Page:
Northern Ireland

Judge rules three were defamed on Facebook

Facebook
Image caption Messages and information about the firm were posted on Facebook

Damages of £35,000 should be awarded against an unknown person who libelled two company directors and a staff member on Facebook, a judge has ruled.

The High Court judge ruled in Belfast on Wednesday that an unknown person had defamed the three people, whose identities were not revealed.

A case against Facebook Ireland Ltd was dismissed.

The judge said the case was part of a "disturbing" trend.

He warned of the consequences of increasing abuse of social media.

The firm was granted anonymity on the basis that any disclosure would only draw more unwanted public attention.

The court heard that the online campaign of vilification lasted months.

Even though those responsible for posting the comments and images remain unknown, the financial penalty will be enforced should they ever be identified.

Two pseudonyms

Writs were issued by the company, the directors and employee last year after a series of messages and information about them was posted on Facebook.

Although the case against Facebook Ireland Ltd was dismissed, proceedings continued against a second defendant known only by two pseudonyms.

A barrister appearing for the plaintiffs argued that damages should be awarded to compensate for the malicious lies.

He told the court his client was a well-known company

The judge said the defendant was "of course, hiding, behind a mask".

"The courts in Northern Ireland have demonstrated their availability and willingness to protect the interests of those whose legal rights are infringed by the cowardly and faceless perpetrators of this evil," he said.

"However, as this case demonstrates, on procedural issues our legal system in the modern era adopts a robust and realistic approach.

"As a result the defendant's attempts at concealment and harassment have been thwarted."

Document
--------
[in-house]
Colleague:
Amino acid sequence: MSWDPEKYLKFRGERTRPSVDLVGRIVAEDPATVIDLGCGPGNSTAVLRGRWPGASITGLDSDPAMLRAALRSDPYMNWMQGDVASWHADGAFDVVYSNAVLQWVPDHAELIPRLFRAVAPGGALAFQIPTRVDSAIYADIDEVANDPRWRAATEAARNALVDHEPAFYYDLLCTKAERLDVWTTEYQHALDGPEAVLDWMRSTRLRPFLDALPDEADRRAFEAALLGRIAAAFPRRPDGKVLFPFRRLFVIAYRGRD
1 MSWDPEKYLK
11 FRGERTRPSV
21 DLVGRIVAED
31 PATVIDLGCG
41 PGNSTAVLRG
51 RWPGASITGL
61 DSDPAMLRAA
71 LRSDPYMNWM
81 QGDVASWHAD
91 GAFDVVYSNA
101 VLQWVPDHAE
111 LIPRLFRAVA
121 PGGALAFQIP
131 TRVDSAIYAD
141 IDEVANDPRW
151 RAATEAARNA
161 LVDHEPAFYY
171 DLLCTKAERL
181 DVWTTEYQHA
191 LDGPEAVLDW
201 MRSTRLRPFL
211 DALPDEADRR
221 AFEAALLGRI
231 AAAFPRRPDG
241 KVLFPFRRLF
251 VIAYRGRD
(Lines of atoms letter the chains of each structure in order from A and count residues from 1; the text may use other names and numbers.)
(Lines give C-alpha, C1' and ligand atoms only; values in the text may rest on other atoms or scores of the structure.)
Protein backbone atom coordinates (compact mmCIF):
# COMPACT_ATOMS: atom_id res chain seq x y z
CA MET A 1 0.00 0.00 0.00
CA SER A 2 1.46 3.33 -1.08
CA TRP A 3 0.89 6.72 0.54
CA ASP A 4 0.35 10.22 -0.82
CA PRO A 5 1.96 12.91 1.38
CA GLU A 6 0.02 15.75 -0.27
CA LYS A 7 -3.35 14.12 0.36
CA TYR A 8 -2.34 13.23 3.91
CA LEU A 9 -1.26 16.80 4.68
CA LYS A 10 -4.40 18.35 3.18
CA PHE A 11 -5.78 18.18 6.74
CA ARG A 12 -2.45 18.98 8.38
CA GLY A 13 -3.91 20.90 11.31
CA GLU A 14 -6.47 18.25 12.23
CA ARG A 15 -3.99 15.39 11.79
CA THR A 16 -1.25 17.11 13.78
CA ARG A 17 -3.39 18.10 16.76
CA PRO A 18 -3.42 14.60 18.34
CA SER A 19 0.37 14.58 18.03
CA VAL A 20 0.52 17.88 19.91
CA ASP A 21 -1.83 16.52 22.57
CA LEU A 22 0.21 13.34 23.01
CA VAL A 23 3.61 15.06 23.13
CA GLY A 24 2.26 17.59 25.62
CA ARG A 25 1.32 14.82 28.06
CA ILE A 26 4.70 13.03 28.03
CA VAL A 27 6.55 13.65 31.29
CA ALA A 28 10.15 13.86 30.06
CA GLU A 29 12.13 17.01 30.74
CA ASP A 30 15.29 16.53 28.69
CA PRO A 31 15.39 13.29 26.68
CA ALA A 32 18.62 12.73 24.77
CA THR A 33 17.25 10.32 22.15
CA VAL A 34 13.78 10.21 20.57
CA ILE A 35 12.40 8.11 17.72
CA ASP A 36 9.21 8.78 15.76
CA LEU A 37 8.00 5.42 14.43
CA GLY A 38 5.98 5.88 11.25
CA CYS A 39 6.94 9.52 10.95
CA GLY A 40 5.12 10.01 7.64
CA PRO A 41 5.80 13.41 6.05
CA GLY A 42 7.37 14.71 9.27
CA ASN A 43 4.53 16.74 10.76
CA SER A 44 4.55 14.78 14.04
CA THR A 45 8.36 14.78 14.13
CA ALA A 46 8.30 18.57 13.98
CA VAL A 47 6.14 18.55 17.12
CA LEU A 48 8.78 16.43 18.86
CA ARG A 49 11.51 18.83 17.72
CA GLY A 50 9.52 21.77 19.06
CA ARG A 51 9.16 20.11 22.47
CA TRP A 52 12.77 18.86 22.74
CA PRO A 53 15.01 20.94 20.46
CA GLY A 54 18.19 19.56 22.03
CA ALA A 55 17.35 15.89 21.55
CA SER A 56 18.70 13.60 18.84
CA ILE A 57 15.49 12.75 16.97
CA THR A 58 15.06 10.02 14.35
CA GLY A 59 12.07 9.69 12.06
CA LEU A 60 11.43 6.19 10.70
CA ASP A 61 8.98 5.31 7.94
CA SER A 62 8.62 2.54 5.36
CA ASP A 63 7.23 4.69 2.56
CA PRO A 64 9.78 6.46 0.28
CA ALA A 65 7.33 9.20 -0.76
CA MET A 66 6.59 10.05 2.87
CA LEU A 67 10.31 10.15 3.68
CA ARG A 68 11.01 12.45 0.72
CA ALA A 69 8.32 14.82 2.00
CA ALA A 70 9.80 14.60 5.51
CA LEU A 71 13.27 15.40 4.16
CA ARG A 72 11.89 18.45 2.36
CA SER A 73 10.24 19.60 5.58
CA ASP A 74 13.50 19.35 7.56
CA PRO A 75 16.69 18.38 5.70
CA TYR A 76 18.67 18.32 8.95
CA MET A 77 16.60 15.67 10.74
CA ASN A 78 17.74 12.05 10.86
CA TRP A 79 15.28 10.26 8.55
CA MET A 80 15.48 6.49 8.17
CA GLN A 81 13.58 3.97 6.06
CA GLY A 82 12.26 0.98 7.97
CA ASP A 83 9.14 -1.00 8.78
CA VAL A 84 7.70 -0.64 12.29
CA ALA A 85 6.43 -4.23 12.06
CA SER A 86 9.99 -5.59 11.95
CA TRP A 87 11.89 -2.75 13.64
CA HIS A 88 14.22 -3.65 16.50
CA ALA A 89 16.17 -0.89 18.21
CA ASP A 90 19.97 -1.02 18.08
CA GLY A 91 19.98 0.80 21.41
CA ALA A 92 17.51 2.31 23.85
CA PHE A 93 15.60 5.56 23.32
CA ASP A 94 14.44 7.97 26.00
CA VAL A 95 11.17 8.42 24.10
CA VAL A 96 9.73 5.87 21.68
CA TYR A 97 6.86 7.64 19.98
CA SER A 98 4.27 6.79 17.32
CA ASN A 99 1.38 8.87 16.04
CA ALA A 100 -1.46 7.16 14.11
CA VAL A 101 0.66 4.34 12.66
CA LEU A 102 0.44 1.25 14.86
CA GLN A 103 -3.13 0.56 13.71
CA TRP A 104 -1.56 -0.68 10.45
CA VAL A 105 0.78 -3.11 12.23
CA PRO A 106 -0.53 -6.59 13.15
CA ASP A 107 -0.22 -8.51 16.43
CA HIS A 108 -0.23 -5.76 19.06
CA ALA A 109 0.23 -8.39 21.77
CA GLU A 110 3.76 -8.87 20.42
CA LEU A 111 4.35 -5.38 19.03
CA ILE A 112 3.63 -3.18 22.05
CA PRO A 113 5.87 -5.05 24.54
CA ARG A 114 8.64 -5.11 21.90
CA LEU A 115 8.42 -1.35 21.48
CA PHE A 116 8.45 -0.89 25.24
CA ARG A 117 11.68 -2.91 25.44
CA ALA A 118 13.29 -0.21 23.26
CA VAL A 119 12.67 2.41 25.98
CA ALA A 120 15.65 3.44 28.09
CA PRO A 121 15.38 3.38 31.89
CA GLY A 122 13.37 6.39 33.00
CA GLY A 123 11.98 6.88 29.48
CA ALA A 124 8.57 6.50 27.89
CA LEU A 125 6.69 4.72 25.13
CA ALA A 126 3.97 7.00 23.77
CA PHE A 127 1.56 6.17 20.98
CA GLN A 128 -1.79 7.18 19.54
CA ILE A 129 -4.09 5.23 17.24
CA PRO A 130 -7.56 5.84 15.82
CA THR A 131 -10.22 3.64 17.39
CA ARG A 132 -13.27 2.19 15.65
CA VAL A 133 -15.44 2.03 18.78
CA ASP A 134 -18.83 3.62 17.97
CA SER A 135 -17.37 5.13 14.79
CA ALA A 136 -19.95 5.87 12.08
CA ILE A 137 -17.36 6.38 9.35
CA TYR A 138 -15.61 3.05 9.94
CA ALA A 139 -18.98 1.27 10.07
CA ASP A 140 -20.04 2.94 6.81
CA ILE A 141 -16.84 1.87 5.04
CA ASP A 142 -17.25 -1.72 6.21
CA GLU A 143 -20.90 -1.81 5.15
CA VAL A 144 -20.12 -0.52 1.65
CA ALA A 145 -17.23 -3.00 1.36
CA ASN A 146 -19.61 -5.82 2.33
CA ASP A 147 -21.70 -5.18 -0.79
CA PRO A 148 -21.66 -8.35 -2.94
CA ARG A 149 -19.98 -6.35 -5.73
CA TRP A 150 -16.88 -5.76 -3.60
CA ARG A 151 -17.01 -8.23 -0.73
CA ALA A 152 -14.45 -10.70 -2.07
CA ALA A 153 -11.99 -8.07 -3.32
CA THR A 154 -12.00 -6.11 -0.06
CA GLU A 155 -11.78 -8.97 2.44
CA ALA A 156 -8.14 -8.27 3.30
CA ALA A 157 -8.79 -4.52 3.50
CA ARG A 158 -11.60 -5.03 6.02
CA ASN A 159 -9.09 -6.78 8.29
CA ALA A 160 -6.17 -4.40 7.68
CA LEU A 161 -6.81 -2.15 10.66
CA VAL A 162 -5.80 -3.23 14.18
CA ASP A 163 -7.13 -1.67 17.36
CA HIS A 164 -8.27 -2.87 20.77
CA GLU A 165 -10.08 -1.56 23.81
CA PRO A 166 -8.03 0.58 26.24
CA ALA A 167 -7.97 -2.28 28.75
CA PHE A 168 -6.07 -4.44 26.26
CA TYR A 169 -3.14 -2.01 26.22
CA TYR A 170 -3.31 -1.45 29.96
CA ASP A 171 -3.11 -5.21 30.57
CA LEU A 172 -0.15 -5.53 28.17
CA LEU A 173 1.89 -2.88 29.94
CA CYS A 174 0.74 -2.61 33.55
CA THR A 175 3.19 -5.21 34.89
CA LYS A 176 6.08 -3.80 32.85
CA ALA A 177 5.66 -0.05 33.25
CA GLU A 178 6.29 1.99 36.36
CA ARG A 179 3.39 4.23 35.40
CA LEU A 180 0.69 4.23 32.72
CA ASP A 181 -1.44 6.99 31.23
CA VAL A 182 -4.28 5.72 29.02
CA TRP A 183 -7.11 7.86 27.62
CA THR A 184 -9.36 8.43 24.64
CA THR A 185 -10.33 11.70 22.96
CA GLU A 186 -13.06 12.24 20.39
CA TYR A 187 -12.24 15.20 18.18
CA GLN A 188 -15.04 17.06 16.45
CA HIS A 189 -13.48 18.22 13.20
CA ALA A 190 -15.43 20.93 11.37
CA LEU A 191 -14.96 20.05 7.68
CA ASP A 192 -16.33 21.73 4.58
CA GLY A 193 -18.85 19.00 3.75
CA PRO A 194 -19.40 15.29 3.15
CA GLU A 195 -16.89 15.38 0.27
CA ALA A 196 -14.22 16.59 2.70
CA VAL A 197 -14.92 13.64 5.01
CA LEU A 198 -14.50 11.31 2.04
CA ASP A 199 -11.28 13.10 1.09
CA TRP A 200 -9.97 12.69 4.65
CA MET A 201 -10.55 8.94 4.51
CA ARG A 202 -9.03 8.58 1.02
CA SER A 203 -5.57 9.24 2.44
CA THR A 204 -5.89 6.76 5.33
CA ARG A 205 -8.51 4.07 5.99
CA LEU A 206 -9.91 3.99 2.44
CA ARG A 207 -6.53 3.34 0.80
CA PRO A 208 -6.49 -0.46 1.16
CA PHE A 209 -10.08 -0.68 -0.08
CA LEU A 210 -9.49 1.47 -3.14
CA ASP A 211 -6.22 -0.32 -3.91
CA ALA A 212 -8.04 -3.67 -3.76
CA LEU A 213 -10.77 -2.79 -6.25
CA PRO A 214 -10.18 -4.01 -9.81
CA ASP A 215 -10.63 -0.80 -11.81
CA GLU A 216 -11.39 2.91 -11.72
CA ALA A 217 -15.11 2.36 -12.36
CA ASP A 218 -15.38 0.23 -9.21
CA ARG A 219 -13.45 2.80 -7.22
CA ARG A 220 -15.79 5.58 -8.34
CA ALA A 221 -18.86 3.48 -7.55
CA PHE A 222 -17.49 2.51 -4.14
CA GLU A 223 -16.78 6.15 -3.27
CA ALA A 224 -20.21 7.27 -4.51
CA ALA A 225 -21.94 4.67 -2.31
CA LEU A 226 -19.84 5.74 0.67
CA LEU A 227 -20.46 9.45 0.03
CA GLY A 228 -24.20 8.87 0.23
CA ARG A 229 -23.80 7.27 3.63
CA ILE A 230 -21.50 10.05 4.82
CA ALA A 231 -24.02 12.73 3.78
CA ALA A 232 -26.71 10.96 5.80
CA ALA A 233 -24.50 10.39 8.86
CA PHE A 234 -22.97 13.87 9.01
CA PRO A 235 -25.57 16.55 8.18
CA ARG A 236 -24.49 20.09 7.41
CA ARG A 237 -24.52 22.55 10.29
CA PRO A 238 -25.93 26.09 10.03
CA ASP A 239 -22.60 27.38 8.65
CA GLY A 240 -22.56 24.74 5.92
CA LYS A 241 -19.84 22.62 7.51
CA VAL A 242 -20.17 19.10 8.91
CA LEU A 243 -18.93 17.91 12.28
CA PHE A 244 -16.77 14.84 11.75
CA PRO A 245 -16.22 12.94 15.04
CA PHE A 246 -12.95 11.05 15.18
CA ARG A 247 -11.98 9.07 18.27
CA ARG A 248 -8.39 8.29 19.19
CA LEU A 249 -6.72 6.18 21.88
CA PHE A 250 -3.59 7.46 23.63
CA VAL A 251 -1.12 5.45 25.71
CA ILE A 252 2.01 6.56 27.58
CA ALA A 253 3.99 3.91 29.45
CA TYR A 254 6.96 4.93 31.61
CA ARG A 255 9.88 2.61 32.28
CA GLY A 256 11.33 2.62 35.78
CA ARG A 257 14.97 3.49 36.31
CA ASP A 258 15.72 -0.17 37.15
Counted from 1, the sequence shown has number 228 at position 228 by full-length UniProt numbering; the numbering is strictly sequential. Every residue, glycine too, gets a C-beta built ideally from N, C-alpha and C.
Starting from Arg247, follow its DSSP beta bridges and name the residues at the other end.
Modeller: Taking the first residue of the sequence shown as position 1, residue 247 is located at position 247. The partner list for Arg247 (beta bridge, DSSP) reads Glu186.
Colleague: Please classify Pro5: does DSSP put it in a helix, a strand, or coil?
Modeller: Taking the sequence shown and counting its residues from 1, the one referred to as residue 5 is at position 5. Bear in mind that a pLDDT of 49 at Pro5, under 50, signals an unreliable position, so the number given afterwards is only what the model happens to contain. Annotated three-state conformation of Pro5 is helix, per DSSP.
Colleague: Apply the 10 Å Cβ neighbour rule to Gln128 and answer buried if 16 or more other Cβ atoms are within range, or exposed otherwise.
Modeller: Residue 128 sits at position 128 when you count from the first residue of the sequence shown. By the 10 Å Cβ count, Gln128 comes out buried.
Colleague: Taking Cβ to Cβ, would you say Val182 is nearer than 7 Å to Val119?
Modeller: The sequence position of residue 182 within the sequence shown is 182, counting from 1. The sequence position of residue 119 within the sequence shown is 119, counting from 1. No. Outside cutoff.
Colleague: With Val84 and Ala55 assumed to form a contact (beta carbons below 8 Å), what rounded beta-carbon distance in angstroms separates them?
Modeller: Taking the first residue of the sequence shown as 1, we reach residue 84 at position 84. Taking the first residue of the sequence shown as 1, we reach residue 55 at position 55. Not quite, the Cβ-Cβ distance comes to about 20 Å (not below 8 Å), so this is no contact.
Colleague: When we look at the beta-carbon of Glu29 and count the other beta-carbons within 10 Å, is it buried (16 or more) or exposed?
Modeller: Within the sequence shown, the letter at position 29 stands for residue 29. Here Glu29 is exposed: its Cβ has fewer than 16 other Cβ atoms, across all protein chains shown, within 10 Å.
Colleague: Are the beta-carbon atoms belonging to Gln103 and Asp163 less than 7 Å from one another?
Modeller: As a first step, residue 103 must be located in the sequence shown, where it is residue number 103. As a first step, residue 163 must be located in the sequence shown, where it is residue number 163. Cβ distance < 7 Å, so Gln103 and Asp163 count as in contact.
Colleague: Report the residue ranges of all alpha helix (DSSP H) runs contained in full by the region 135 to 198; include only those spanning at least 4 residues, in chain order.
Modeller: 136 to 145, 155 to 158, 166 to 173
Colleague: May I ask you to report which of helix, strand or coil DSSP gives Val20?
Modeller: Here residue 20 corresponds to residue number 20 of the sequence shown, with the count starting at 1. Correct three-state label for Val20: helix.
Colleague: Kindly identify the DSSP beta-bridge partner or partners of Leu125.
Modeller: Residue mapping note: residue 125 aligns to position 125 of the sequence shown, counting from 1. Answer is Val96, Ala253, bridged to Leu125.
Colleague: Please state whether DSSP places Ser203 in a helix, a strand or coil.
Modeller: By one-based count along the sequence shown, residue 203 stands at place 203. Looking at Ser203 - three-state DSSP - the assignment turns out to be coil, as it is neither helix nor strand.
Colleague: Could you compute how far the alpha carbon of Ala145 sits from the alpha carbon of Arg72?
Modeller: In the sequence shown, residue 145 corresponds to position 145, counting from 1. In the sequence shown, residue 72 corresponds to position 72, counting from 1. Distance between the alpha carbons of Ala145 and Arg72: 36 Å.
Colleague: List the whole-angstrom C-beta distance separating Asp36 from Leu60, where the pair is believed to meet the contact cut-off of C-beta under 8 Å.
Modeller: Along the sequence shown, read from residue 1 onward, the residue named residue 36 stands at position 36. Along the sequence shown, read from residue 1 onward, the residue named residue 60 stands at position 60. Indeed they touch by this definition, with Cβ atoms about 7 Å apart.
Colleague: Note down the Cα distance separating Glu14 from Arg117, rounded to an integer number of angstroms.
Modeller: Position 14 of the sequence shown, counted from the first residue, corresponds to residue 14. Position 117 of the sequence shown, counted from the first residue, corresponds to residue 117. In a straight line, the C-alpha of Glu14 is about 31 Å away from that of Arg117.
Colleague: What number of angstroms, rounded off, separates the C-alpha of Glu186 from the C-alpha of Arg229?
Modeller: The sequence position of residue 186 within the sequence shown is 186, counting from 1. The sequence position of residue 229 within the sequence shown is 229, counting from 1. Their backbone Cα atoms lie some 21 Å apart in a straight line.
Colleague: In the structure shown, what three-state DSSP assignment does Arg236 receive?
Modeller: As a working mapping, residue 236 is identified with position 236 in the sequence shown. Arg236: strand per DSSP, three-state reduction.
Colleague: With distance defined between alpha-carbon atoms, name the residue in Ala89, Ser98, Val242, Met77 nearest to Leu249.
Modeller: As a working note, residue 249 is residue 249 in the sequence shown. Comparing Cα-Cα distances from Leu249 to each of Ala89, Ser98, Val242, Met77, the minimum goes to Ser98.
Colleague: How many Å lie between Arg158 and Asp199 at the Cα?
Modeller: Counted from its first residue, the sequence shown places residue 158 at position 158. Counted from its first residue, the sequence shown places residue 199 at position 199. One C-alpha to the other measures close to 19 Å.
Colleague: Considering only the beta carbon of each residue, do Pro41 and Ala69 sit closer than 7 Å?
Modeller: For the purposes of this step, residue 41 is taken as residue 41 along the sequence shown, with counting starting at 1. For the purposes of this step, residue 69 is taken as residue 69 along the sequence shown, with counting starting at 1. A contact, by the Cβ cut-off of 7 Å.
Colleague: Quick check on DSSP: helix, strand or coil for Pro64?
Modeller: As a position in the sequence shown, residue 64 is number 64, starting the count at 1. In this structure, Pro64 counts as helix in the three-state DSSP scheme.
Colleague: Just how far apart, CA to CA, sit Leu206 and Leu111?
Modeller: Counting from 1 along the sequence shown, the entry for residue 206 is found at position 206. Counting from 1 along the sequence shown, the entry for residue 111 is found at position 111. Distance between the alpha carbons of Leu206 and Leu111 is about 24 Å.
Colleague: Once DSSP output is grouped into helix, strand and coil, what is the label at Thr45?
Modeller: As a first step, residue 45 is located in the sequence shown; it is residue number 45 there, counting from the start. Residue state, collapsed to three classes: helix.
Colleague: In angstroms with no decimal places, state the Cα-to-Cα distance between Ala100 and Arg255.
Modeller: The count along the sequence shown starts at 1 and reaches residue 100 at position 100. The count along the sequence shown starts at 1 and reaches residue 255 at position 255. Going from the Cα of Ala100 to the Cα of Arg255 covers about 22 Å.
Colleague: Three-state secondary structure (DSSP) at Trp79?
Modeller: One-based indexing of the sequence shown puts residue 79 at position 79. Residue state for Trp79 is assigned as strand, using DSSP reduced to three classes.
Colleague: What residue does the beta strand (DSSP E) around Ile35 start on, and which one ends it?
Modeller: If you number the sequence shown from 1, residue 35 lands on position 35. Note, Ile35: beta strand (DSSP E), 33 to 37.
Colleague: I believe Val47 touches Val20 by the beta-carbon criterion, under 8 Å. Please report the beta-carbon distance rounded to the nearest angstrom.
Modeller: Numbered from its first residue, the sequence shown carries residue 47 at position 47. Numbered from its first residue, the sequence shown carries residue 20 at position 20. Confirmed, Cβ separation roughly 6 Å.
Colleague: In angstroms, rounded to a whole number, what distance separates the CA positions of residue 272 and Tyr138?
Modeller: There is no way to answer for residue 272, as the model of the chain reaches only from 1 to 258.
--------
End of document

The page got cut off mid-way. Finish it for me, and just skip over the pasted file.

'Malicious slurs'

He found that libellous postings on Facebook specifically identified at least two of the plaintiffs, while other comments identified them by reference and implication.

"The defendant's statements, which are both words and images, took the form of a series of gratuitous and malicious slurs against the character and reputation of the plaintiffs," he said.

Although the comments were held to have been widely read, debated and discussed, the judge decided publication would have been more widespread in a major newspaper.

He also took into account the length of time the defamatory material appeared online.

"In my view this is properly described as a campaign of vilification and abuse which ebbed and flowed during a period of some few months," he said.

He awarded £20,000 damages to the plaintiff who suffered the most distress and anxiety. The two others were awarded £10,000 and £5,000.

The defendant, if ever identified, must also pay legal costs.

The judge added that the case was part of a "disturbing" growing trend in similar litigation.

"It's indisputable that social networking sites can be a force for good in society, a truly positive and valuable mechanism," he said.

"However, they are becoming increasingly misused as a medium by which to threaten, abuse, harass, intimidate and defame members of society.

"The solution for this grave mischief is far from clear and lies well beyond the powers of this court. Self-regulation or statutory regulation may well be necessary."